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Tuesday, October 16, 2012

Briani (Mixed Vegetable Casserole)


Greeks do like their greens and my mother was no exception.  She would usually cook dandelion greens or broccoli and douse them with olive oil and lemon, to her that was ambrosia.  She also would make stuffed vegetables (yemista) when they were in season using eggplants, zucchini and large tomatoes.  In my research to find another dish to add to my blog I came across this vegetable casserole in which you can use most any combination of delicious in season vegetables.  Instead of using a lot of olive oil (I do love a good quality extra virgin olive oil but it's nice to have alternatives!)  


1 large can diced tomatoes (28-ounces)
4 cloves fresh garlic
1/2 cup fresh parsley
1 Tbsp. dried oregano or 1/4 fresh
salt and pepper to taste
Olive oil  (one recipe called for 1 cup)  I used an oil mister and used my favorite olive oil.

Vegetables -  carrots, eggplant, okra, squashes (zucchini or yellow varieties), potatoes, onions, string beans, fresh tomatoes - whatever tickles your fancy and is in season.


Preheat oven 350 degrees

First peel your garlic then dice to desired size,  the smaller you dice it the stronger the taste.  It is your preference.  Add it to the opened can of tomatoes.
Stir to incorporate
If you are going to use okra, you will need to prepare them by first cutting the tops off and rinsing them off, scrubbing light to remove fuzz.      Then dry them on a paper towel.
Put them in a bowl and cover with vinegar and let them soak for around 30 minutes, the greeks prefer red wine vinegar.  Before you use them, drain well.              

Begin slicing your vegetables as finely as you wish.  I recently purchased a mandoline which will slice all kinds of vegetables or fruits!  It's fabulous.   Today I did zucchini, onions, okra, yellow squash, eggplant and a large tomato from my garden.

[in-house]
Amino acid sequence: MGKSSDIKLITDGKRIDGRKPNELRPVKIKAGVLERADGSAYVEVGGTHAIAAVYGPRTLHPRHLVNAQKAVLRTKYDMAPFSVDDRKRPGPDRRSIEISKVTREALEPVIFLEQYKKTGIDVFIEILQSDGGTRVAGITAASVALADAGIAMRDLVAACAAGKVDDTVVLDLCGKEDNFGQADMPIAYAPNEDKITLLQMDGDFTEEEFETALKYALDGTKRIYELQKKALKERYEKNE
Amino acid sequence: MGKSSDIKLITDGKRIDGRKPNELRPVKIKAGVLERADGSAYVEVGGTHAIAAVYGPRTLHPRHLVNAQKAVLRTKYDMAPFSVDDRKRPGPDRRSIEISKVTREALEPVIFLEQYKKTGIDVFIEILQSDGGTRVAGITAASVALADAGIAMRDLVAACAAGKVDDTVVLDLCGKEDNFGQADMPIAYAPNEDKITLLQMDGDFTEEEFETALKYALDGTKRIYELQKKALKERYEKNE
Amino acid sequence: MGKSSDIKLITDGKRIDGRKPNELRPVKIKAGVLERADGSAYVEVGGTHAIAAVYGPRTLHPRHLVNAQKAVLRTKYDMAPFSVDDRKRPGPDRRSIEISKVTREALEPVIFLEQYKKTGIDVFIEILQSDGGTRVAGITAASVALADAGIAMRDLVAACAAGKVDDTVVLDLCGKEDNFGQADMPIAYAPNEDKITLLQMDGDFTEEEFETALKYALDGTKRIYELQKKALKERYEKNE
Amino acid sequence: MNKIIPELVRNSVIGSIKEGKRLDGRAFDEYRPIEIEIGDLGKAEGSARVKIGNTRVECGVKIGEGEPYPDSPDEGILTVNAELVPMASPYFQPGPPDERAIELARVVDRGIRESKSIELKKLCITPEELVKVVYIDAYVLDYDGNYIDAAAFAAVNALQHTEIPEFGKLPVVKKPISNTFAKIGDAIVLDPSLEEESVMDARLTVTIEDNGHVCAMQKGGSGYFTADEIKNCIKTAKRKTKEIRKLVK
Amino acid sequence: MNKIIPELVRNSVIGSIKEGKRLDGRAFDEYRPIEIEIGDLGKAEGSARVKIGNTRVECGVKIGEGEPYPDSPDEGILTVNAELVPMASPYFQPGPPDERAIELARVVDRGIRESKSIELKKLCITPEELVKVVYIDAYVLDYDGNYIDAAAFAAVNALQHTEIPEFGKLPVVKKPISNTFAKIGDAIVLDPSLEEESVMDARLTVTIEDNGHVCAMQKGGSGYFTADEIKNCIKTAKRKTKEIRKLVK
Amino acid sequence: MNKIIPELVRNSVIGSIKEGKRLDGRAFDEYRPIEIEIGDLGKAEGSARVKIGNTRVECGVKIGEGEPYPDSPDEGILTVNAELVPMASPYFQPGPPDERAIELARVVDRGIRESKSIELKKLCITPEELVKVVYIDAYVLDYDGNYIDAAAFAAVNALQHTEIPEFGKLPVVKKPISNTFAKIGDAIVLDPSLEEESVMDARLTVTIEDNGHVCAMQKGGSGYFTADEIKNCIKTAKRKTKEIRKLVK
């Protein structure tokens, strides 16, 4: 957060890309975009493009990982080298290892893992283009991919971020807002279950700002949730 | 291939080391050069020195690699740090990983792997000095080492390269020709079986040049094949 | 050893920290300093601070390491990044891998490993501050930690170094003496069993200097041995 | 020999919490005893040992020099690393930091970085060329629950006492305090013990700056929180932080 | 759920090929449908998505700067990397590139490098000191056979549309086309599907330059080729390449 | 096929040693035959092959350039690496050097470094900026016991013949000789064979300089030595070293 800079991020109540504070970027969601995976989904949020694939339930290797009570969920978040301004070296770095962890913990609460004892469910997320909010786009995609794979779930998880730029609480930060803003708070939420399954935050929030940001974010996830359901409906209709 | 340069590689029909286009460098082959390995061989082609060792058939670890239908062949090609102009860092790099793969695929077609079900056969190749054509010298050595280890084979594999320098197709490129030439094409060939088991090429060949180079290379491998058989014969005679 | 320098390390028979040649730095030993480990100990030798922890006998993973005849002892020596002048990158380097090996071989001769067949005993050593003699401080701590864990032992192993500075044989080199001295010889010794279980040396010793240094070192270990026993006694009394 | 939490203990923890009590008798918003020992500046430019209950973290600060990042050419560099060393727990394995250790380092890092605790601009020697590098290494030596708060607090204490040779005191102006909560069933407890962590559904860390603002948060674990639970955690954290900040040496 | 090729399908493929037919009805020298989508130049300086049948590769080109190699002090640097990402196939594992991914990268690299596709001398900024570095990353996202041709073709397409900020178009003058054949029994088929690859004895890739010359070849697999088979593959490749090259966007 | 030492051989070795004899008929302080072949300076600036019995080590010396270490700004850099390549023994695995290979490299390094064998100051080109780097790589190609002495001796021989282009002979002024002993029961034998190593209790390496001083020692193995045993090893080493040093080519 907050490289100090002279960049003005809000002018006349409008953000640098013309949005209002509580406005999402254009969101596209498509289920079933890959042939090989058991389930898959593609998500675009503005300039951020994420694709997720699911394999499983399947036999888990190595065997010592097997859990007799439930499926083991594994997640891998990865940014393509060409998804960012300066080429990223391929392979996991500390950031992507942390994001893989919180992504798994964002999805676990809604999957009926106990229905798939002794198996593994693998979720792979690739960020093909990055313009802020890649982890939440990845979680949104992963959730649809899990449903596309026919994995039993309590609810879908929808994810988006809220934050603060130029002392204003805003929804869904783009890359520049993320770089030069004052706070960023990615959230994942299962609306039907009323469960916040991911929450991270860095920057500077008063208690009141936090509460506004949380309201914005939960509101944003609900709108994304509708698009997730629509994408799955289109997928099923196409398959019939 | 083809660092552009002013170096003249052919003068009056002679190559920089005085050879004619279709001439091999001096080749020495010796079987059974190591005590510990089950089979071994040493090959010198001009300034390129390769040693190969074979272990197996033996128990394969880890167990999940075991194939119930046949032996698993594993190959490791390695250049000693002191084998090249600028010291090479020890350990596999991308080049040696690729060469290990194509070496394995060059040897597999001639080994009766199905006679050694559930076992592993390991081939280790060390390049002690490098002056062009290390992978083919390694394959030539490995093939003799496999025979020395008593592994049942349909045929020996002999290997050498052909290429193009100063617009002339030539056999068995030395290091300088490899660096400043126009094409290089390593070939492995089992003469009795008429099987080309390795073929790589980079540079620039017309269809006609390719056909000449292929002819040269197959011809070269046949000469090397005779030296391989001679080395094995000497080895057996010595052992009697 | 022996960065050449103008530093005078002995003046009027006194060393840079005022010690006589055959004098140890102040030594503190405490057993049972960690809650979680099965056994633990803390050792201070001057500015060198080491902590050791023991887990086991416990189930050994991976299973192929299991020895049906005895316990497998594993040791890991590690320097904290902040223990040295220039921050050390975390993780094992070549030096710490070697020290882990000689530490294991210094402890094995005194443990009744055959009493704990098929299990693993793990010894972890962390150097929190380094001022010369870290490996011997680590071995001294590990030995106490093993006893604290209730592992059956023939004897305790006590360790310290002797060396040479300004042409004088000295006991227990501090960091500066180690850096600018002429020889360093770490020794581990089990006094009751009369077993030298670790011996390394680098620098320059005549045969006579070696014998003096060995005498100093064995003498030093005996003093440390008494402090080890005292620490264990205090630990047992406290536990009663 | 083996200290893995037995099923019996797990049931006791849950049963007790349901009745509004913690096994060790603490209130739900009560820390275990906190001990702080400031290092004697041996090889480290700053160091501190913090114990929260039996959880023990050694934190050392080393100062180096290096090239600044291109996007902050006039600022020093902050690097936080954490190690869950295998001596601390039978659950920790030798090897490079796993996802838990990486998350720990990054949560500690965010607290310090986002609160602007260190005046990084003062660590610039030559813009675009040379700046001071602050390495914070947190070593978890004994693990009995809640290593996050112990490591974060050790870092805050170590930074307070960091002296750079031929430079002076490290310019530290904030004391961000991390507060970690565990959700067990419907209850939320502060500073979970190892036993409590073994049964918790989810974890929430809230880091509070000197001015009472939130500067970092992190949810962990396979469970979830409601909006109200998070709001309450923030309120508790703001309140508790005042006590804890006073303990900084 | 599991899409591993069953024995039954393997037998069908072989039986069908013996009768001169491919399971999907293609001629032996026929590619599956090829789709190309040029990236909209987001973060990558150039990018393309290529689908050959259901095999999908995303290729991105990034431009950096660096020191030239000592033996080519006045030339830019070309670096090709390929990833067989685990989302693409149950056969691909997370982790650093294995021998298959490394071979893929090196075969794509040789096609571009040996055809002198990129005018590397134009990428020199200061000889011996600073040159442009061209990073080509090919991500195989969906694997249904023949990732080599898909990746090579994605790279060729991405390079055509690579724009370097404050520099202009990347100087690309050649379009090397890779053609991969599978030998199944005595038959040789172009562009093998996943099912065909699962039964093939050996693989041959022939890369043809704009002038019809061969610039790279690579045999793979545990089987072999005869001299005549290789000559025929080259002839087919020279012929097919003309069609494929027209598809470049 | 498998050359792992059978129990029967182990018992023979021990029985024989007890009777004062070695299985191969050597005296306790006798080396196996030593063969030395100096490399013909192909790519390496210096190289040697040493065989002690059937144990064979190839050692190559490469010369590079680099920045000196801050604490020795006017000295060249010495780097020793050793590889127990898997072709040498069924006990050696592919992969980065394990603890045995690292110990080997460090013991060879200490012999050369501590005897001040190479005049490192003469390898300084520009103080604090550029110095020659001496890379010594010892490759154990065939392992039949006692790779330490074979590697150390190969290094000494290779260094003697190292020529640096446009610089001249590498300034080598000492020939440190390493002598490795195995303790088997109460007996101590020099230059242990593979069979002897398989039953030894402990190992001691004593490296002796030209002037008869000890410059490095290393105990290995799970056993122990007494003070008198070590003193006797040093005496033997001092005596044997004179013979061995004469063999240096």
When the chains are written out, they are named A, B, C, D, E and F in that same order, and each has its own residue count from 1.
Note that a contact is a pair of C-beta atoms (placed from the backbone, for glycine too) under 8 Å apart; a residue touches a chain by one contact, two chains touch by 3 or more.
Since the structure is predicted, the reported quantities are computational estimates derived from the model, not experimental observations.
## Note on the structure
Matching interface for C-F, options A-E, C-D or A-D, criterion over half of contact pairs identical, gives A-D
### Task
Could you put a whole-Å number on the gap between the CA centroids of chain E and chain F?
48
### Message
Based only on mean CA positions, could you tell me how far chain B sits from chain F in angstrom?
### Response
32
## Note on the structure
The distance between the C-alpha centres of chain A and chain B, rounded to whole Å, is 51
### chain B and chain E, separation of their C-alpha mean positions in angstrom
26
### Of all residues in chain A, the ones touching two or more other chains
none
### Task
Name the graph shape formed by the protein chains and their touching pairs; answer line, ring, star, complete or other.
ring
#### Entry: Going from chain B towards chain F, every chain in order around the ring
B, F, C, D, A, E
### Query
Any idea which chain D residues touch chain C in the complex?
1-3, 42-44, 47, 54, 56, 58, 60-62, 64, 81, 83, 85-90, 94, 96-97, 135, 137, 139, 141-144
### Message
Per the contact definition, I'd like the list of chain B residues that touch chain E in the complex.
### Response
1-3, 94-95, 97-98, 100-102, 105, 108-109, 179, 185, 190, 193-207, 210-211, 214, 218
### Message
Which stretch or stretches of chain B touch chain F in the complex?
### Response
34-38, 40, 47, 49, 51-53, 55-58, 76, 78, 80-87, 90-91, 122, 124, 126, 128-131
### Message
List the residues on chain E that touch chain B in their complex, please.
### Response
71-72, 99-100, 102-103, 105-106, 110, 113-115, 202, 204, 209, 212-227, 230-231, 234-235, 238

Spray or drizzle some olive oil on the bottom of the casserole.   Start with a layer of vegetables - I used onions first.  Drizzle or spray olive oil, grind salt and pepper, add the herbs and then the diced tomato and garlic mixture.  

Keep layering in that fashion until you use up your vegetables, finish with the diced tomatoes.  

Cover with lid or foil and bake in the over for 75 minutes, until vegetables are soft.  Take lid off and bake for another 10 minutes.    

Remove from oven and let cool at room temperature before serving.  It's great as a side dish or with a slice of crusty bread or rolls.


Tuesday, May 8, 2012

Keftedes (Greek Meatballs)

I remember when I was young my mother would make these meatballs for guests.  They are flavorful and great with catsup or a marinara sauce.  If you make them small, they are a perfect appetizer, roll them larger for a main dish.  My version is not fried mostly because I like the flavor better when you bake them in the oven.


1 lb ground lamb
1 lb ground beef
3 slices bread (optional)
1 sweet onion
2 cloves garlic
2 eggs
large handful each fresh mint & parsley
2 teaspoons salt
1 teaspoon pepper

Preparation:   Heat oven to 375

Quarter the onion add it to a food processor along with the garlic cloves.  If you don't have a food processor, finely chop or mince the onion and garlic.  Add the herbs and pulse.

Put bread slices in a flat bowl and pour a little water to wet them.

You will need to squeeze the excess liquid before adding it to the meat.